Photo: Gage Skidmore (Flickr)
As Indiana lawmakers prepare to discuss the nation’s budget woes in the next Congress, some may have to grapple with a pledge they signed vowing not to raise taxes. For some the pledges are a matter of semantics. For others, they are seen as an albatross.
When she is inaugurated in January, 5th District Congresswoman-elect Susan Brooks will begin her first year in the House. She says she’s stayed away from signing pledges of any kind during her campaign because she worried about tying her hands in any negotiation she might enter.
“Just felt that I really wanted to have the freedom and the flexibility to make sure I studied the bill, read the bill and voted on the bill at the time it was presented,” Brooks says.
The pledge most Indiana Congressmen have signed is a document written by anti-tax advocate Grover Norquist which says signatories will never vote to raise taxes.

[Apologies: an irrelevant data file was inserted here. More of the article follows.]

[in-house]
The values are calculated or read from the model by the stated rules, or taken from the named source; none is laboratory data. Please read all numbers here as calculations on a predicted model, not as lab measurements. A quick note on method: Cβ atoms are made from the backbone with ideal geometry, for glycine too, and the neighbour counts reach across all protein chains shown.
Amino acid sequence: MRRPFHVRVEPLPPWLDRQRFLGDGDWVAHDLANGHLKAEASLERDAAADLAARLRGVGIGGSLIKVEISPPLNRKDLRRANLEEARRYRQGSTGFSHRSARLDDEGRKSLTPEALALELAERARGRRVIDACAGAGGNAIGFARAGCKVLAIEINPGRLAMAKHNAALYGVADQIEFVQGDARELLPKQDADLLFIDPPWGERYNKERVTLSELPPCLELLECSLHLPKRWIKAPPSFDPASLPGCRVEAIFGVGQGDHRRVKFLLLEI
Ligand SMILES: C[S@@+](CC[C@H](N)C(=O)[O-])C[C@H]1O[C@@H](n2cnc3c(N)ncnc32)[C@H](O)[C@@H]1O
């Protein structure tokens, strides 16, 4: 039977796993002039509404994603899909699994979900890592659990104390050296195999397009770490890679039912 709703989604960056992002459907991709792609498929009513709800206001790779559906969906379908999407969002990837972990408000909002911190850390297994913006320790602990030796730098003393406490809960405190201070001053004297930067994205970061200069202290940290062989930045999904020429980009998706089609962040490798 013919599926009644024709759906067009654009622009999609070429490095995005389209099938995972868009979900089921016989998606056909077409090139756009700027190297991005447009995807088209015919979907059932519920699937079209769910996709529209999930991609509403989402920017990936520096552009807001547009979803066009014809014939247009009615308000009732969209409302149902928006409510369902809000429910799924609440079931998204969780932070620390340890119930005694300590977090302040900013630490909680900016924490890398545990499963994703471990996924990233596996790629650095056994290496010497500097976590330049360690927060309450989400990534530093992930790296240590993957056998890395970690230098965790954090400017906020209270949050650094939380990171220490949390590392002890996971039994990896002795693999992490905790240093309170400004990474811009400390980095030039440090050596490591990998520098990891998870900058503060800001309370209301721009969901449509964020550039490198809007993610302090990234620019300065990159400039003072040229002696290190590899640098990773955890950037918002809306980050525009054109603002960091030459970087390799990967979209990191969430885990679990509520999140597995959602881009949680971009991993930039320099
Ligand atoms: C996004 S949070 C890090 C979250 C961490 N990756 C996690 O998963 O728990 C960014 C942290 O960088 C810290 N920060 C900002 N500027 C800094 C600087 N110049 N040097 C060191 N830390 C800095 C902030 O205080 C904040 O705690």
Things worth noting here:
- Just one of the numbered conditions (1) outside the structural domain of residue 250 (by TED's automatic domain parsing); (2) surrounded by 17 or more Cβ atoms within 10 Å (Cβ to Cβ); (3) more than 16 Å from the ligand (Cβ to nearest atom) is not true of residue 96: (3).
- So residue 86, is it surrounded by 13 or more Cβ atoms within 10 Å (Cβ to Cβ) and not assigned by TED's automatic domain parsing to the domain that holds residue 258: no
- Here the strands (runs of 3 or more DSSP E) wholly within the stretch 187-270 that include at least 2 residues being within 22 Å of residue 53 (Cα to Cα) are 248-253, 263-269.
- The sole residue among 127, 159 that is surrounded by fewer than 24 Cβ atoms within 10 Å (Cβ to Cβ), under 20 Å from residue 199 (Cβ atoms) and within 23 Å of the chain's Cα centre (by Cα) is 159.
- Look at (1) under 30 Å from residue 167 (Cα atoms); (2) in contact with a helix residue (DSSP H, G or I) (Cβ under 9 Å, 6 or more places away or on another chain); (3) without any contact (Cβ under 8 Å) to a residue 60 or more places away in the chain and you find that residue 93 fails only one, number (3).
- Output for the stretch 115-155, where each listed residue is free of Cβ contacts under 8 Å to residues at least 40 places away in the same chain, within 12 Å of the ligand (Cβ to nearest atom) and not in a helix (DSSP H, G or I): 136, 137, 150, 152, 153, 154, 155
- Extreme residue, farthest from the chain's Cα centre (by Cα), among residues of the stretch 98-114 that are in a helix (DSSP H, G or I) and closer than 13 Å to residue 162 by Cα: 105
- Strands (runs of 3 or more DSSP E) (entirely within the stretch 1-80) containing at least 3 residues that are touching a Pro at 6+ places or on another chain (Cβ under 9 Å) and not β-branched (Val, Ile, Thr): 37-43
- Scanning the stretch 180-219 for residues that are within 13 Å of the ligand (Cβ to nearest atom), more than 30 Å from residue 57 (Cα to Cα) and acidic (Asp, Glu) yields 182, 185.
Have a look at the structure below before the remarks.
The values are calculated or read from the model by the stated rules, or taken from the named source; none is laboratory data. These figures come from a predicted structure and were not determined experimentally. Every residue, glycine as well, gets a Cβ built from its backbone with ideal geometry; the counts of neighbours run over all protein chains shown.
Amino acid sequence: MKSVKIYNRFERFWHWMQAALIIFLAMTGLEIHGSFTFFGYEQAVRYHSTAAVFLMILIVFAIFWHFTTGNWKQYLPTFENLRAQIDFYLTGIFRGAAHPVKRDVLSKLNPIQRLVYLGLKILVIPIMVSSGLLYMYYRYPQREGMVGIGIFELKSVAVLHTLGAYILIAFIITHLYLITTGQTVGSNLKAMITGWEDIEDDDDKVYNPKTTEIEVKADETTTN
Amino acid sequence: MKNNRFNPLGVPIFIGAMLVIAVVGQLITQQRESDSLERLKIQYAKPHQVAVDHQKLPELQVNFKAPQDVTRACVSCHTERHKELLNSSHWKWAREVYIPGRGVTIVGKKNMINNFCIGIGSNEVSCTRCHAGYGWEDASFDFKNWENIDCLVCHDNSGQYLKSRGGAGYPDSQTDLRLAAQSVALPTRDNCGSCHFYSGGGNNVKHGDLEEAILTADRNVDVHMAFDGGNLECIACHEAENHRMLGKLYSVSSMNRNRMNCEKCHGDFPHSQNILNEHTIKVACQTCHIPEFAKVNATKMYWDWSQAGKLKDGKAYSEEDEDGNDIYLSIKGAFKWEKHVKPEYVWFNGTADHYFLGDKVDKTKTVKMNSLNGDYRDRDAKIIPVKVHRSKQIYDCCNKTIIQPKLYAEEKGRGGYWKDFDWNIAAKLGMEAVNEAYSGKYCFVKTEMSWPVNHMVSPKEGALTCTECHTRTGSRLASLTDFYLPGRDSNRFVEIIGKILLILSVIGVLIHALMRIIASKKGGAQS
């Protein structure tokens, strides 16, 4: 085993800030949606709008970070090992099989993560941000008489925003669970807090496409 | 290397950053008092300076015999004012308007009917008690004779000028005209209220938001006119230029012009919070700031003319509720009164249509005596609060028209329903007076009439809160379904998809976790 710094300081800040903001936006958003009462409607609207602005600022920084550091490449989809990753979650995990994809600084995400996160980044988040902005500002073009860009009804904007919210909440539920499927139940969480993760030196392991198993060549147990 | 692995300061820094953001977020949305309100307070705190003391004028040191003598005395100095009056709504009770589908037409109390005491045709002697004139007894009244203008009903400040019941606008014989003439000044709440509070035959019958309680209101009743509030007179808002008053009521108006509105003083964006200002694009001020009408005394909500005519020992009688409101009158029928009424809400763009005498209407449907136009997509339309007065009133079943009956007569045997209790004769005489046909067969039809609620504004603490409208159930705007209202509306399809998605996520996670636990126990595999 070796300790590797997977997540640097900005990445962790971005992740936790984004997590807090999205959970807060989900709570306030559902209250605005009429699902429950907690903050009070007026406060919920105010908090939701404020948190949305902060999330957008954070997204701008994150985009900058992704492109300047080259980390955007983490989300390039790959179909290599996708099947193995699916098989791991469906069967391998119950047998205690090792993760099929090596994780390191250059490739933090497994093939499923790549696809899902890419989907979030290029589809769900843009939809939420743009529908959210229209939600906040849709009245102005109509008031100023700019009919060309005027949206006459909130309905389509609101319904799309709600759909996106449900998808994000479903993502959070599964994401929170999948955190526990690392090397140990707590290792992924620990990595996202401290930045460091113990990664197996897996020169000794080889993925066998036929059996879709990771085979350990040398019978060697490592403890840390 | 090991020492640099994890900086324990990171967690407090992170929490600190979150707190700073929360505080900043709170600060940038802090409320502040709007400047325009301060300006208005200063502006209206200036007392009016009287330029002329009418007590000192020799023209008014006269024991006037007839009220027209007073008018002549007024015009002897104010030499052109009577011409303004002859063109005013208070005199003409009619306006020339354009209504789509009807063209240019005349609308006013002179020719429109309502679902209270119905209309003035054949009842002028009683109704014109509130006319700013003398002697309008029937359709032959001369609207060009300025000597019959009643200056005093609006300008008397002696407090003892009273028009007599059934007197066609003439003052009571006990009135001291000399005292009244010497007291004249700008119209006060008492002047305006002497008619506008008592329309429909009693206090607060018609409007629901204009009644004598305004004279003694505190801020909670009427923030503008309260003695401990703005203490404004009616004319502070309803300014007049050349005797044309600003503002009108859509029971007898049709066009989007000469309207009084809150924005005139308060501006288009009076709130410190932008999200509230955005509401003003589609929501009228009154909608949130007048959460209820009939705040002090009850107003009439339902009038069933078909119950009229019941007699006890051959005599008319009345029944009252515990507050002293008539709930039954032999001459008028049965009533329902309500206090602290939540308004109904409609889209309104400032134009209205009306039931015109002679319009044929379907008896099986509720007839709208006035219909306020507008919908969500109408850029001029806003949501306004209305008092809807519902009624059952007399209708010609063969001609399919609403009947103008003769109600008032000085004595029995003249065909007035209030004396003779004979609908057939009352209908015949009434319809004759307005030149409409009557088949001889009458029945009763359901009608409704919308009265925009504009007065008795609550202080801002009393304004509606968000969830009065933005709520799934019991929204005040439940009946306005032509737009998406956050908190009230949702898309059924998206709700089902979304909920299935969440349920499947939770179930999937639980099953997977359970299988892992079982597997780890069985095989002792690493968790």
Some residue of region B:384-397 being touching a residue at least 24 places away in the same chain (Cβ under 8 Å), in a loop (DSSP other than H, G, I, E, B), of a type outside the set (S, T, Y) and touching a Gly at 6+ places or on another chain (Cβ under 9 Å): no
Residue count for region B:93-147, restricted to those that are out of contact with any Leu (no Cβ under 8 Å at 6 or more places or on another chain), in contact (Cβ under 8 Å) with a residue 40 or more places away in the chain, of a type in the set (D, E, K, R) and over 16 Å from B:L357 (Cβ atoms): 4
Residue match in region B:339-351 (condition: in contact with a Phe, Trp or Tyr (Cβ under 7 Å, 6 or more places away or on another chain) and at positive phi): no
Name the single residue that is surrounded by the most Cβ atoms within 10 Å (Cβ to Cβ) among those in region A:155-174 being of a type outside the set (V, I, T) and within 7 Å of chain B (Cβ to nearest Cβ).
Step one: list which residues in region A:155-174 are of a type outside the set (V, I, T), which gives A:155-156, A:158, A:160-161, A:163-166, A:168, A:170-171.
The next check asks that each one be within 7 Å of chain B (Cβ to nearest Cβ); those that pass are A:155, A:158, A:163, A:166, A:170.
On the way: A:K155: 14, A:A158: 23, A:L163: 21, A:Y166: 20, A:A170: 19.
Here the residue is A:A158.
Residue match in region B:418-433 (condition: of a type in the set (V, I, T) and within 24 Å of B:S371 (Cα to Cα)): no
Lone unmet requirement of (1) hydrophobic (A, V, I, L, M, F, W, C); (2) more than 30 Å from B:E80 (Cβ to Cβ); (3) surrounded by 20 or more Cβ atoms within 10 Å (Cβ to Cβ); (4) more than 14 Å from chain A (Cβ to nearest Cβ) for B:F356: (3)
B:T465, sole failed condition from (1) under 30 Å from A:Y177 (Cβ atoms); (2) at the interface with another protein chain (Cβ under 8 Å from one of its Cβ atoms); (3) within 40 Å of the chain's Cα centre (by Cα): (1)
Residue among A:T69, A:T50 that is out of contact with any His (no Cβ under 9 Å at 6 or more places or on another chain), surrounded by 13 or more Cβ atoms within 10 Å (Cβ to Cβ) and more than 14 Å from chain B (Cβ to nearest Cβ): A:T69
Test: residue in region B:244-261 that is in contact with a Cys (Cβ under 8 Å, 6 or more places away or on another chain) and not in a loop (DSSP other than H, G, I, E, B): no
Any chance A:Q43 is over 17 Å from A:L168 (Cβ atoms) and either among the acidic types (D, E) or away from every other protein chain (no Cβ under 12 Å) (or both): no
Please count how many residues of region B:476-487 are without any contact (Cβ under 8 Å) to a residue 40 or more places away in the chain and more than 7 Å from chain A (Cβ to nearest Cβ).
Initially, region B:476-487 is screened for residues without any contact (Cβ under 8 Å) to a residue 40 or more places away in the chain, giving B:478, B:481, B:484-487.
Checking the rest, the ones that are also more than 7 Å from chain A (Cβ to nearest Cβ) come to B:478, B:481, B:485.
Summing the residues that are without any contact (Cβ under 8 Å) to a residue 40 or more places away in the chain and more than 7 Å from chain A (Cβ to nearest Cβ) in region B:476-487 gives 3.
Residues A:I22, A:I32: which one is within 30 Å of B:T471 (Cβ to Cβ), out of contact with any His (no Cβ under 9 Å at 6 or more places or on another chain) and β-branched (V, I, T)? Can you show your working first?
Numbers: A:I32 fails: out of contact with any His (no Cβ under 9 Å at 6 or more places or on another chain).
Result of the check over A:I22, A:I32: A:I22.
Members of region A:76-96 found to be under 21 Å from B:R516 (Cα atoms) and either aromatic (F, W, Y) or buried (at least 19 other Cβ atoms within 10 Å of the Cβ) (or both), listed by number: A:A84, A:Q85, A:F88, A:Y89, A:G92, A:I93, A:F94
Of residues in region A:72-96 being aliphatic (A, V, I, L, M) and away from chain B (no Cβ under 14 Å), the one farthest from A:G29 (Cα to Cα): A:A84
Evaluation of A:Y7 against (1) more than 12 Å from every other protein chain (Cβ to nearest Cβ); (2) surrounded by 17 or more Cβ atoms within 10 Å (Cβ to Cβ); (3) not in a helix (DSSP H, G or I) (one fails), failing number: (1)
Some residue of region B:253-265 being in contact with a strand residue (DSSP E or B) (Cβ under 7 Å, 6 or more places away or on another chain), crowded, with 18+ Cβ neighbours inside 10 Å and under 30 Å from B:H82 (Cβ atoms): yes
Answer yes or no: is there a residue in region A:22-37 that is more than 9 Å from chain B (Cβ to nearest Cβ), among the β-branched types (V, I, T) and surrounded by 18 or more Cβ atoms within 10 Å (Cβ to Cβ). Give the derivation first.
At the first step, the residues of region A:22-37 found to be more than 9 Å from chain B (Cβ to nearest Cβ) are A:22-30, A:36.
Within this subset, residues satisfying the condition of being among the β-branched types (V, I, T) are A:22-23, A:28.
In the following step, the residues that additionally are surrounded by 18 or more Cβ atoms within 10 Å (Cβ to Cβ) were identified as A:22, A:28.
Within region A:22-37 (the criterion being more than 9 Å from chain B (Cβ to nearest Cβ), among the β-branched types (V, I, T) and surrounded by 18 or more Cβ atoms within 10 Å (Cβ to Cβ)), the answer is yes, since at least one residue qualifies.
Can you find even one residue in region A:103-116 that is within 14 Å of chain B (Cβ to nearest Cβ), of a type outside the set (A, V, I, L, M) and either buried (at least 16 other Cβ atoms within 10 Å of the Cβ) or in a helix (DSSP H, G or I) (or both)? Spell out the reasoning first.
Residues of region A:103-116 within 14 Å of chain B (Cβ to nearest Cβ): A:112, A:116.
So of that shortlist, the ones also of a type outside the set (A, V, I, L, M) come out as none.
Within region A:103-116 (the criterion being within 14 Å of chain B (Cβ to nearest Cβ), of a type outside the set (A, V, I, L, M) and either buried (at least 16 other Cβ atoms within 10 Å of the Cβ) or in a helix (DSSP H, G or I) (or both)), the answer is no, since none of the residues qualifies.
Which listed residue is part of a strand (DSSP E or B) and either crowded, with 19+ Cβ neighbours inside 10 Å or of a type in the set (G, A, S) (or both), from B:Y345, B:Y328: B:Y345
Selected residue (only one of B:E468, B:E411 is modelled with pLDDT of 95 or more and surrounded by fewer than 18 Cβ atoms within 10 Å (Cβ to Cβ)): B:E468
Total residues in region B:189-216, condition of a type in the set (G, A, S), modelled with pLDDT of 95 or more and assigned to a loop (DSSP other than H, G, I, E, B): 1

Fourth District Congressman Todd Rokita signed the pledge when he was still Indiana’s Secretary of State and says he does not believe it forbids him from doing the kind of work his constituents want him to do. What’s more, Rokita says if Bush Administration tax cuts are allowed to expire at the end of the year, he does not believe that breaks his pledge, even though taxes would go up for some Americans.
“If they’re simply allowed to expire, to answer your question, I don’t think that’s a violation of a pledge,” Rokita says. “I think I have to do some kind of affirmative action in furtherance of raising people’s taxes. And I don’t consider simple expiration doing that.”
Brooks and 2nd District Representative-elect Jackie Walorski are the only two Republicans representing Indiana in Washington who have not inked Norquist’s pledge.